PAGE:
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Name of Media:

Intensive Care Experience among Intensive Care Unit Survivors

Author(s):

Suzilawati Mohamed Ariffin, MNS; Nitaya Pinyokham, PhD; and Chiraporn Tachaudomdach, PhD

Publisher or Source:

Nursing Journal

Type of Media:

Medical Journal

Media Originally for:

Critical Care Physicians, Nurses and/or Other Critical Care Medical Professionals

Country of Origin:

Thailand

Primary Focus of Media:

Pre-Use of PICS Designation

COVID-19 Related:

No

Description:

Critically ill patients need advanced support to remain alive and prevent serious complications. However, patients may experience either pleasant or unpleasant memories during their stay in ICU. Unpleasant experiences can affect patients or lead to later negative consequences. Critical care nurses have a pivotal role in identifying traumatic experiences in order to improve care. This study aims to explore the intensive care experiences among ICU survivors. This study was conducted in the general wards of three selected hospitals in Malaysia.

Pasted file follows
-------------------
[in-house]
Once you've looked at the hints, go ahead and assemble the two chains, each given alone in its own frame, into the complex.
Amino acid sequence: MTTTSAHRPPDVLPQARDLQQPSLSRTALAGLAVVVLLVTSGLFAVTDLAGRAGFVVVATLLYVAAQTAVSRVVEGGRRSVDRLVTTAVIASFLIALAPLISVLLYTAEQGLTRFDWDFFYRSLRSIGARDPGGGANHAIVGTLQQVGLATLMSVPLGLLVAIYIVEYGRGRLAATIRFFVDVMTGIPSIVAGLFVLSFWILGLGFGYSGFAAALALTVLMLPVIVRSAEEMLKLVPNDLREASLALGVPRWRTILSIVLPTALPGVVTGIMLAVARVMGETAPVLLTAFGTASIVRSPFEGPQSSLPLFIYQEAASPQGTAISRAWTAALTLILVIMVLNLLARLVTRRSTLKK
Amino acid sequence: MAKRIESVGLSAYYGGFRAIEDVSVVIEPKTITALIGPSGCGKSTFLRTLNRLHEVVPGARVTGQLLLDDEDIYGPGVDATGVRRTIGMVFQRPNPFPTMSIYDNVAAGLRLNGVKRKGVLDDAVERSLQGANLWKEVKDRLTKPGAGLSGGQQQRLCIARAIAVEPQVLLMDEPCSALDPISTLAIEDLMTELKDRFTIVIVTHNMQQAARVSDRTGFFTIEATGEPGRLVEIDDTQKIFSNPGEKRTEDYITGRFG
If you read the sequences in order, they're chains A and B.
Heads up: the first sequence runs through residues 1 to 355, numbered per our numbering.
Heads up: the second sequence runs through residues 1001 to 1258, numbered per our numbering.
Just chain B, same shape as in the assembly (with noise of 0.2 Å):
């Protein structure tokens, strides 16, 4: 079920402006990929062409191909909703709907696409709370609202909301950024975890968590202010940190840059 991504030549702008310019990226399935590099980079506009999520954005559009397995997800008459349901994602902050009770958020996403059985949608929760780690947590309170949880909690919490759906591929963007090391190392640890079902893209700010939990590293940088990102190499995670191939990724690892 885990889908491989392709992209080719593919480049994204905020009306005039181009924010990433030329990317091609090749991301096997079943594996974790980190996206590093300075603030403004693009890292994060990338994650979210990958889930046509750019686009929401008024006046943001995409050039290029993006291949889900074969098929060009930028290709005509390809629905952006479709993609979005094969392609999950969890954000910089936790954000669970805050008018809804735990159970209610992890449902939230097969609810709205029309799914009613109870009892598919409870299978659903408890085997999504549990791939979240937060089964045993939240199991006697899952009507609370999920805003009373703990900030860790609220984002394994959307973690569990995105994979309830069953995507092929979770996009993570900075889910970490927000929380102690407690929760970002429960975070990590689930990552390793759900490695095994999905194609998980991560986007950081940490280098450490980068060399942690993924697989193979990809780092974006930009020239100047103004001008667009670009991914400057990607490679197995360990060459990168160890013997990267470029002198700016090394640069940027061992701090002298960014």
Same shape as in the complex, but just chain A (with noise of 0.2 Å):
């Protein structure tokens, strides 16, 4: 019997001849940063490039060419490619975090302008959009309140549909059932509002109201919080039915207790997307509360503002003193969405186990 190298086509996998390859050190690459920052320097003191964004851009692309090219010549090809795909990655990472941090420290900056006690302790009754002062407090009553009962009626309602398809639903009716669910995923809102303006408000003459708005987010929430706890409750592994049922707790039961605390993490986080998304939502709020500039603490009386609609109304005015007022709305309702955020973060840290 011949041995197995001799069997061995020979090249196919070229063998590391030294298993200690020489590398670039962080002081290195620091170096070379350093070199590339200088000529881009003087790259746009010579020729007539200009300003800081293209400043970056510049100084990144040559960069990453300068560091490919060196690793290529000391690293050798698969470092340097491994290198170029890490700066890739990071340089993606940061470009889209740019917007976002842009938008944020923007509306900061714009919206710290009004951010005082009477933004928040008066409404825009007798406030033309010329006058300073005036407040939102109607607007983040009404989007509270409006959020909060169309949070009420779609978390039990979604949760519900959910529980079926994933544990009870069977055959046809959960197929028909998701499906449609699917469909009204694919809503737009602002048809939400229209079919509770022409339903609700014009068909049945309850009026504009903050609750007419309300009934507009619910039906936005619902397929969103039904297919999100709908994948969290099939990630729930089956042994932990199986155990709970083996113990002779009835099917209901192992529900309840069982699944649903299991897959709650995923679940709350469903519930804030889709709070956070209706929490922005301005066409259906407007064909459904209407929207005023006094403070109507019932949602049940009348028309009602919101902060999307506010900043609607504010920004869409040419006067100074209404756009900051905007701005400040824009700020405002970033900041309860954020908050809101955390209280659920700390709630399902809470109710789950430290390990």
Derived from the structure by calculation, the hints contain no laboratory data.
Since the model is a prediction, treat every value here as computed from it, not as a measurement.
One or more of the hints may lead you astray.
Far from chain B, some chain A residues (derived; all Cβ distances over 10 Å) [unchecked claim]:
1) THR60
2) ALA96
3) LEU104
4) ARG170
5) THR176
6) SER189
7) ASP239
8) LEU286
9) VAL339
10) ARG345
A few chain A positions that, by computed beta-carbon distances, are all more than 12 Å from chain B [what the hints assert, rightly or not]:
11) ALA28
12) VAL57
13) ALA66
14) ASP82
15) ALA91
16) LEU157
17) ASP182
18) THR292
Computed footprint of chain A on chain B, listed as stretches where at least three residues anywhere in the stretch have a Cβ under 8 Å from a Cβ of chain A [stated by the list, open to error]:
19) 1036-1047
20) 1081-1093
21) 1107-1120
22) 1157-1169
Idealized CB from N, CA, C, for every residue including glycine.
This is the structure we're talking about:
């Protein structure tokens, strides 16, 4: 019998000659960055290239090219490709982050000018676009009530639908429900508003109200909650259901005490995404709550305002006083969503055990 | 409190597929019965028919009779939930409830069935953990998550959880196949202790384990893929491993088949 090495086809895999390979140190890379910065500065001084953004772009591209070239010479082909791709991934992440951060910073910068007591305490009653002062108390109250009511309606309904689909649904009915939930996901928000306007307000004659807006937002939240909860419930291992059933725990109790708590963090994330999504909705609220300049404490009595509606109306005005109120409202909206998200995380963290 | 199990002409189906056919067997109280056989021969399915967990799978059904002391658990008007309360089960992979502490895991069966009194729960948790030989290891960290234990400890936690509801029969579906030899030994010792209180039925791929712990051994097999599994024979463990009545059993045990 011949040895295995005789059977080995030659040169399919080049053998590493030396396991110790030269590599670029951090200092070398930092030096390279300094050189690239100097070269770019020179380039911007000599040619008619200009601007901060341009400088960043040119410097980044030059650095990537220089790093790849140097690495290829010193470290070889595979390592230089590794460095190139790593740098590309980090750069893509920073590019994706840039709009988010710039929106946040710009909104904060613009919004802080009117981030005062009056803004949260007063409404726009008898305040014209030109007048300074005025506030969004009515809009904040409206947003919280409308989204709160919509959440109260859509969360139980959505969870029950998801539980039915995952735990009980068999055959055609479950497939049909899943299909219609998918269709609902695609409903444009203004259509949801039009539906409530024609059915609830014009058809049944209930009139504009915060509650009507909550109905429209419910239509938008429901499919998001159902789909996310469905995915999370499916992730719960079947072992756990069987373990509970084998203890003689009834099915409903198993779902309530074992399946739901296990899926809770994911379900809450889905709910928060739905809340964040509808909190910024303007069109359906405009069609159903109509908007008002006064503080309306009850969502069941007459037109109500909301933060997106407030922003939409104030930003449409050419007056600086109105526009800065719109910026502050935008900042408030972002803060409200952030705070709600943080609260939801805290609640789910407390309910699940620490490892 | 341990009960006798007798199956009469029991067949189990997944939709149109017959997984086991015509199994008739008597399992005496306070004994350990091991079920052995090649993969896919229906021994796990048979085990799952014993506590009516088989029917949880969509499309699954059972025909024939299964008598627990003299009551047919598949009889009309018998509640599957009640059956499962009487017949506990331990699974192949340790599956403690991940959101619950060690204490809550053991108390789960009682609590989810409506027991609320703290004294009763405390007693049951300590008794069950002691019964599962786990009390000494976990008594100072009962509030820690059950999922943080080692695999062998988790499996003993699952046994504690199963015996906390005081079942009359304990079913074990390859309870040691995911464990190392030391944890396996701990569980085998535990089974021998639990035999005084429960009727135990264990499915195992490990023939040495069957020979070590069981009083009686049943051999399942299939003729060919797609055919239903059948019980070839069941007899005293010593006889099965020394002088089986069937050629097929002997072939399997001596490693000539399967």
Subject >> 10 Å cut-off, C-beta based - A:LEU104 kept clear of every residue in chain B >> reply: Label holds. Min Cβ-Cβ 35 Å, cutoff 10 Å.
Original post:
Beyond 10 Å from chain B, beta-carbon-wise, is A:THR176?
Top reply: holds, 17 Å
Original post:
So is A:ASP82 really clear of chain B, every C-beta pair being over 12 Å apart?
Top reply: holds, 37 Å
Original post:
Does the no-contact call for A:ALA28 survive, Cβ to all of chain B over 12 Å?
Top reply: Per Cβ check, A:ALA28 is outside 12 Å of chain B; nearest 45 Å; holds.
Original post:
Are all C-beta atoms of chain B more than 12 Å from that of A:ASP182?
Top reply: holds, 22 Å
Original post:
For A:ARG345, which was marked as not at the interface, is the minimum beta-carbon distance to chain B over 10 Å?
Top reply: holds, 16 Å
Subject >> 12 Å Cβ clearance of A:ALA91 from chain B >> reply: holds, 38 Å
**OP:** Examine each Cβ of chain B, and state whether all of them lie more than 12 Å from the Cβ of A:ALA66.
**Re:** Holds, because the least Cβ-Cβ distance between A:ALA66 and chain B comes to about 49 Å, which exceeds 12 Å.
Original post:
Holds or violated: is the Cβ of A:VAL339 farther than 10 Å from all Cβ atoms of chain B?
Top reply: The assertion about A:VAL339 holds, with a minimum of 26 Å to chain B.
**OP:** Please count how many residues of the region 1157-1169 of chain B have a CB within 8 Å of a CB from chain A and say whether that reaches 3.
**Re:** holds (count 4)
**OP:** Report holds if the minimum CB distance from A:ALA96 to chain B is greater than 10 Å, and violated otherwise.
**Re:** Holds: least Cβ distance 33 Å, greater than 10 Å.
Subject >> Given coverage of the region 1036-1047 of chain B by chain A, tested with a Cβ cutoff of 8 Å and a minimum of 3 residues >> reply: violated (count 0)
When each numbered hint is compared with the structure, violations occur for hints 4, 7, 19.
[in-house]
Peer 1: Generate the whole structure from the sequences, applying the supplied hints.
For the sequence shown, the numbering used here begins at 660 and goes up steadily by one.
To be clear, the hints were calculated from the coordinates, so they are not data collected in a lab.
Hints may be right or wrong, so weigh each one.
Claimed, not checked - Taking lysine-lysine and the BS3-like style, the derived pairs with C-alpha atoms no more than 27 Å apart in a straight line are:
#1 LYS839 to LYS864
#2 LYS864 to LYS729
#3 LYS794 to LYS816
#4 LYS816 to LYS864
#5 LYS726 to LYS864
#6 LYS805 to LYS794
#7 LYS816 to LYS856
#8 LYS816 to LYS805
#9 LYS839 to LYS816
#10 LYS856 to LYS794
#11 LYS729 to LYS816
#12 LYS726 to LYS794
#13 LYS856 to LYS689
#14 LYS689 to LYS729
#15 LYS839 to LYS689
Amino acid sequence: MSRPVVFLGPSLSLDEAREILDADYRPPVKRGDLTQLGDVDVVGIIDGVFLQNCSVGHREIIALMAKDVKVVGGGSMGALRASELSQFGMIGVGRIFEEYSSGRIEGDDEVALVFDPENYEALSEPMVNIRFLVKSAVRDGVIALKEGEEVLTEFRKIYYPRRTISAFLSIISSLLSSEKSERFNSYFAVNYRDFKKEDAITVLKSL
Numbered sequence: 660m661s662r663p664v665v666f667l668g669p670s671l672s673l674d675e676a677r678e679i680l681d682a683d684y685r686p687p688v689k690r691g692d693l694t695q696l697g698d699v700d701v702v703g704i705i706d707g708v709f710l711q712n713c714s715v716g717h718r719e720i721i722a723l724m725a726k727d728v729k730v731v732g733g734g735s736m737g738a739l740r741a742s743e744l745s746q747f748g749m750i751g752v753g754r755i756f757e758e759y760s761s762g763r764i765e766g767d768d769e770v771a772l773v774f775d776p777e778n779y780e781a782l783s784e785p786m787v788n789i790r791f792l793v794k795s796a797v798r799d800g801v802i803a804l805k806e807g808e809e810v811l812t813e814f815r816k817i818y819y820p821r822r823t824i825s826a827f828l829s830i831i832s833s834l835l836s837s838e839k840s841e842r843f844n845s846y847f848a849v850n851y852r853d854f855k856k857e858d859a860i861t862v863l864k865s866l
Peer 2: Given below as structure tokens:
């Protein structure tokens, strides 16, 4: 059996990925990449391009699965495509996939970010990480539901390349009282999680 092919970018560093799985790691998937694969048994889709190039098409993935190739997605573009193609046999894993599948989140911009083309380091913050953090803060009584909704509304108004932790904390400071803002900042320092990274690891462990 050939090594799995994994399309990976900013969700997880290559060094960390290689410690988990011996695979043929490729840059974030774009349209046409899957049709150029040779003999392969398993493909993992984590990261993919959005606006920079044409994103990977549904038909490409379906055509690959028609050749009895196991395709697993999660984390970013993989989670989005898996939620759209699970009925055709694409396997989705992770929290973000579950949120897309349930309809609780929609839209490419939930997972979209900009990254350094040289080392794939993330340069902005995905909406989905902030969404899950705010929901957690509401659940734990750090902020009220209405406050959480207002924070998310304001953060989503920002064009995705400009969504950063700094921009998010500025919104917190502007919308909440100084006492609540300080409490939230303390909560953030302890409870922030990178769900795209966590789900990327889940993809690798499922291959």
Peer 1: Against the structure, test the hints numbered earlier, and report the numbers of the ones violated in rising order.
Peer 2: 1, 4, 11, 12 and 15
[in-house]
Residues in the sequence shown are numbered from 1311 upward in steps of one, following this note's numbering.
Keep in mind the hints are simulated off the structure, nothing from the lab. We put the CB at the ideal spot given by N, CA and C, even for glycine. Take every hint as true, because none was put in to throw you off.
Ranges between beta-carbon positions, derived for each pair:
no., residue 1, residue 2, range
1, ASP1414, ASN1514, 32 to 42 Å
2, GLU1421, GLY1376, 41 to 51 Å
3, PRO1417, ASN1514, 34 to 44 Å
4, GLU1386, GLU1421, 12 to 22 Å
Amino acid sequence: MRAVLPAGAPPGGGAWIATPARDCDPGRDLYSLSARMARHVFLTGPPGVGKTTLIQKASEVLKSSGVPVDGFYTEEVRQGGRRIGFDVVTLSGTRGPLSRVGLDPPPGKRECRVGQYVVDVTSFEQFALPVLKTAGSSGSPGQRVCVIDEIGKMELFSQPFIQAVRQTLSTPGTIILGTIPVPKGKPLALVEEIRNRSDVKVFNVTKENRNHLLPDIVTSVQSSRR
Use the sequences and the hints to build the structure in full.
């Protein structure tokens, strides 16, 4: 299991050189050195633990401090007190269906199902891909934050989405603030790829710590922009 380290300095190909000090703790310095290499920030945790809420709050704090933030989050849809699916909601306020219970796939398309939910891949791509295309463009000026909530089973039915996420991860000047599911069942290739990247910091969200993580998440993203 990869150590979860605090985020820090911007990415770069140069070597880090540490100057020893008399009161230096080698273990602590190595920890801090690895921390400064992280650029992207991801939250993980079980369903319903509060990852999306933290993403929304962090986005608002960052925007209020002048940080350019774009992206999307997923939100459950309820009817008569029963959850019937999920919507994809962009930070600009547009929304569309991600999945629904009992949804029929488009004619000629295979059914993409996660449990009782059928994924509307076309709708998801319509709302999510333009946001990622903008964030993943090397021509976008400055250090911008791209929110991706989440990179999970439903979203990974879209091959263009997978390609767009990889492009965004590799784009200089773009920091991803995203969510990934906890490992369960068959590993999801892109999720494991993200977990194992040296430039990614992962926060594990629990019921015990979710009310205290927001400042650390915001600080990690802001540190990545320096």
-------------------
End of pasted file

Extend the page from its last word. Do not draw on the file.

One hundred and forty-two(142) participants agreed to take part in this study and to answer the Intensive Care Experience Questionnaire (ICEQ) which included additional questions that covered four domains: awareness of surroundings, frightening experiences, recall of experiences, and satisfaction with care. The results of the study were as follows: Half of the samples reported a high awareness of their surroundings. The less aware group reported not being aware of people, place, and time. About70% (67.6%)of the samples reported high levels of frightening experiences. Pain experienced by the participants came from medical procedures or by the disease process. Only 17.6% of the samples reported being able to recall precisely what happened in the ICU. Participants recalled seeing scary things but having enough sleep in the ICU. The results showed that43.0% reported being highly satisfied with their care and claimed that the staff was kind and delivered the best care to patients.

This result indicates that critically ill patients, especially in the ICU, need strong support physically and psychologically in order to minimize unpleasant experiences and, later, negative consequences by providing a conducive environment and care with sympathetic concern.

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